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New Orleans Saints GM Mickey Loomis talks Patriots game, Alvin Kamara's 73rd touchdown, upcoming schedule

Recapping the WWL Saints Hour interview with the New Orleans general manager

New Orleans Saints executive vice president/general manager Mickey Loomis discussed the Saints' 34-0 victory over the New England Patriots in Week 5, running back Alvin Kamara setting the Saints touchdown record, the team's upcoming schedule and more in an interview with voice of the Saints, Mike Hoss, on WWL's weekly Saints Hour on Tuesday, Oct. 10.

Later in the show, David Carr, NFL Network analyst and 11-year NFL veteran as well as older brother to Saints quarterback Derek Carr, joined alongside Loomis where they discussed David's relationship with his younger brother Derek.

Loomis opened the show commenting on the Saints ability to rebound and seize the victory in week 5 following the team's 26-9 loss the previous week to the Tampa Bay Buccaneers. Loomis said it was good to "see us get off the mat."

"The mark of any team, whether they are growing and improving, is how they react to a poor performance," Loomis said.

And react the Saints did, securing a shutout against the Patriots. The Saints defense held stout all game, particularly on third down, allowing only one conversion in 14 attempts, a feat Loomis described as "unheard of."

Likewise, the team was efficient in the red zone on both ends after struggling in that capacity against the Buccaneers, scoring touchdowns on all three drives when the offense reached the 20-yard line and in. The defense meanwhile managed to improve its red-zone performance a slightly different way.

"It's easy to flip red-zone numbers if you don't allow them in the red zone which is what our defense did in this game," Loomis said.

Loomis said he felt the Patriots offense had some missed opportunities but that more often than not the Saints defense was making plays. One such play was when safety Tyrann Mathieu intercepted quarterback Mac Jones and returned the ball 27 yards for the first touchdown of the game.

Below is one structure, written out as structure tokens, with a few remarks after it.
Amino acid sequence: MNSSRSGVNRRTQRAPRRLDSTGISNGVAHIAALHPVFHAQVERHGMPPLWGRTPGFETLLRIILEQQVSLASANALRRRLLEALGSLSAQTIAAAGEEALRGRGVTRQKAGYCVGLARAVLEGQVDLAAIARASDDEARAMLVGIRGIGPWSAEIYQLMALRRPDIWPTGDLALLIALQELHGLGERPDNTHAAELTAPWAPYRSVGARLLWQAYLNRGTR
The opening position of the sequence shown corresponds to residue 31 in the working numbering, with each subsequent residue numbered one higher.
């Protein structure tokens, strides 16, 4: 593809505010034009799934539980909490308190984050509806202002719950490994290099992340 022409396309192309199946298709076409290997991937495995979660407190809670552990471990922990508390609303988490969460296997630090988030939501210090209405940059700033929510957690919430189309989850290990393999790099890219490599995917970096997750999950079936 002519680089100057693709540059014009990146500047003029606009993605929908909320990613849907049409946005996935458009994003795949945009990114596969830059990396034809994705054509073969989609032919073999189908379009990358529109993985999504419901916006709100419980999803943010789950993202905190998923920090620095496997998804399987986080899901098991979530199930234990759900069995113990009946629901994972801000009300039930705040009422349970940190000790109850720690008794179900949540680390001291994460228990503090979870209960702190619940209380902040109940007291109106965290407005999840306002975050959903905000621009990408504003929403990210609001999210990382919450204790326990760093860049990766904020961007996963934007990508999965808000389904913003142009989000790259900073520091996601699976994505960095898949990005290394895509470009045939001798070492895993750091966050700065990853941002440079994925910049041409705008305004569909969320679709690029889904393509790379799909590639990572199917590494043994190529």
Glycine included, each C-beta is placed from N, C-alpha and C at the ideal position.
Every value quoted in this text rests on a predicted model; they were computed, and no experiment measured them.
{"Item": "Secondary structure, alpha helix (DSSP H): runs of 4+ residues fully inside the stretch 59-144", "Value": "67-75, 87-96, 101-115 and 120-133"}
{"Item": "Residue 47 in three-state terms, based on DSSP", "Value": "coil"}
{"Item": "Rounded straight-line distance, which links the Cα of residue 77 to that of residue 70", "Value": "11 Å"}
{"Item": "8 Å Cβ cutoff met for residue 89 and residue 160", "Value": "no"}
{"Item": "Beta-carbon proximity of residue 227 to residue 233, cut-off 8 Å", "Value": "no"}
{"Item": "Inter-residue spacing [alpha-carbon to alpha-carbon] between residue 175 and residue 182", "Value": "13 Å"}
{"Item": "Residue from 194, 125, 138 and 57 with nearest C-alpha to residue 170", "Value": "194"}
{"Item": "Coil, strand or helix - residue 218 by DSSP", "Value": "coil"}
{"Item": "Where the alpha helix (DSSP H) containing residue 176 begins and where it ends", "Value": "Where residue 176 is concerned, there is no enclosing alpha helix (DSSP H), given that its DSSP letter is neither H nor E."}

"It was great to see Tyrann get us going with an interception return for a touchdown on a play where our d-line affected the quarterback and caused an errant throw."

One historic moment Loomis discussed was when Kamara ran in a two-yard touchdown against the Patriots, his 73rd touchdown as a Saint, becoming the franchise touchdown leader after breaking his tie with former Saints wide receiver Marques Colston. Loomis reflected on the similarities between the 10-year Saints' stalwart Colston and Kamara, saying they were both quiet guys who go about their business and who were unheralded coming into the organization.

"Both those guys, obviously Marques was a seventh-round pick from Hofstra, and so certainly under the radar pick when we took him, but Alvin also even as a third round was kind of under the radar," Loomis said. "I don't think a lot of people, you know, knew the name or knew what he was capable of."

Loomis also spent some time discussing wide receiver Michael Thomas, who brought in four catches for 65 yards against the Patriots. Loomis said it's been good to see Thomas getting "more and more back to the Mike Thomas that we all are familiar with, making big catches, contested catches for first downs, big plays," after Thomas battled injuries for the three previous seasons only playing 10 games in that stretch.

One play that Loomis was asked about was linebacker Demario Davis' tackle on fourth-and-one with 7:22 left in the fourth quarter on running back Rhamondre Stevenson to force a turnover on downs. Loomis said the game was "well in hand" with the Saints up 31-0.

"And yet here he is playing as hard as he did on that play as he did on the first play of the game," Loomis said. "That's what you love about Demario and that's why he's a captain and been a captain now for (six straight years), he's been a captain every year, that's why. That's what he brings to the table and it's just part of his DNA."

The team rallied against the Patriots in spite of the external criticism regarding the team after its game against the Buccaneers, but Loomis said it isn't hard for the coaches to keep the noise out.

One coach who was the focus of much criticism was offensive coordinator Pete Carmichael.

"Pete's a great offensive coordinator," Loomis said. "He really is. He's a really good play-caller. He's had a lot of success and when you are not having success, that bothers him more than anyone, and yet, man, I've always had confidence in him. We have confidence in Pete, our players have confidence in Pete."

Loomis said that the Saints still have much to improve on offense which he said Carmichael would agree with, stating the team could have had "another 12 or 14 points in that game if we executed properly."

One facet the team needs to improve its execution, according to Loomis, is penalties with the Saints having 12 penalties for 86 yards against the Pats. Loomis said it is critical to clean that up "otherwise we are going to be in a close game and it's going to cost us a game."

Looking ahead, the Saint have three straight games against AFC South opponents, two of which are one the road with Sunday's road game against the Houston Texans, the short week Oct. 19 home game against the Jacksonville Jaguars and the Oct. 29 game against the Indianapolis Colts, saying they don't have the "luxury of familiarity" with these matchups outside the NFC.

"We've got to be road warriors for the first half of this season and this is part of it," Loomis said.

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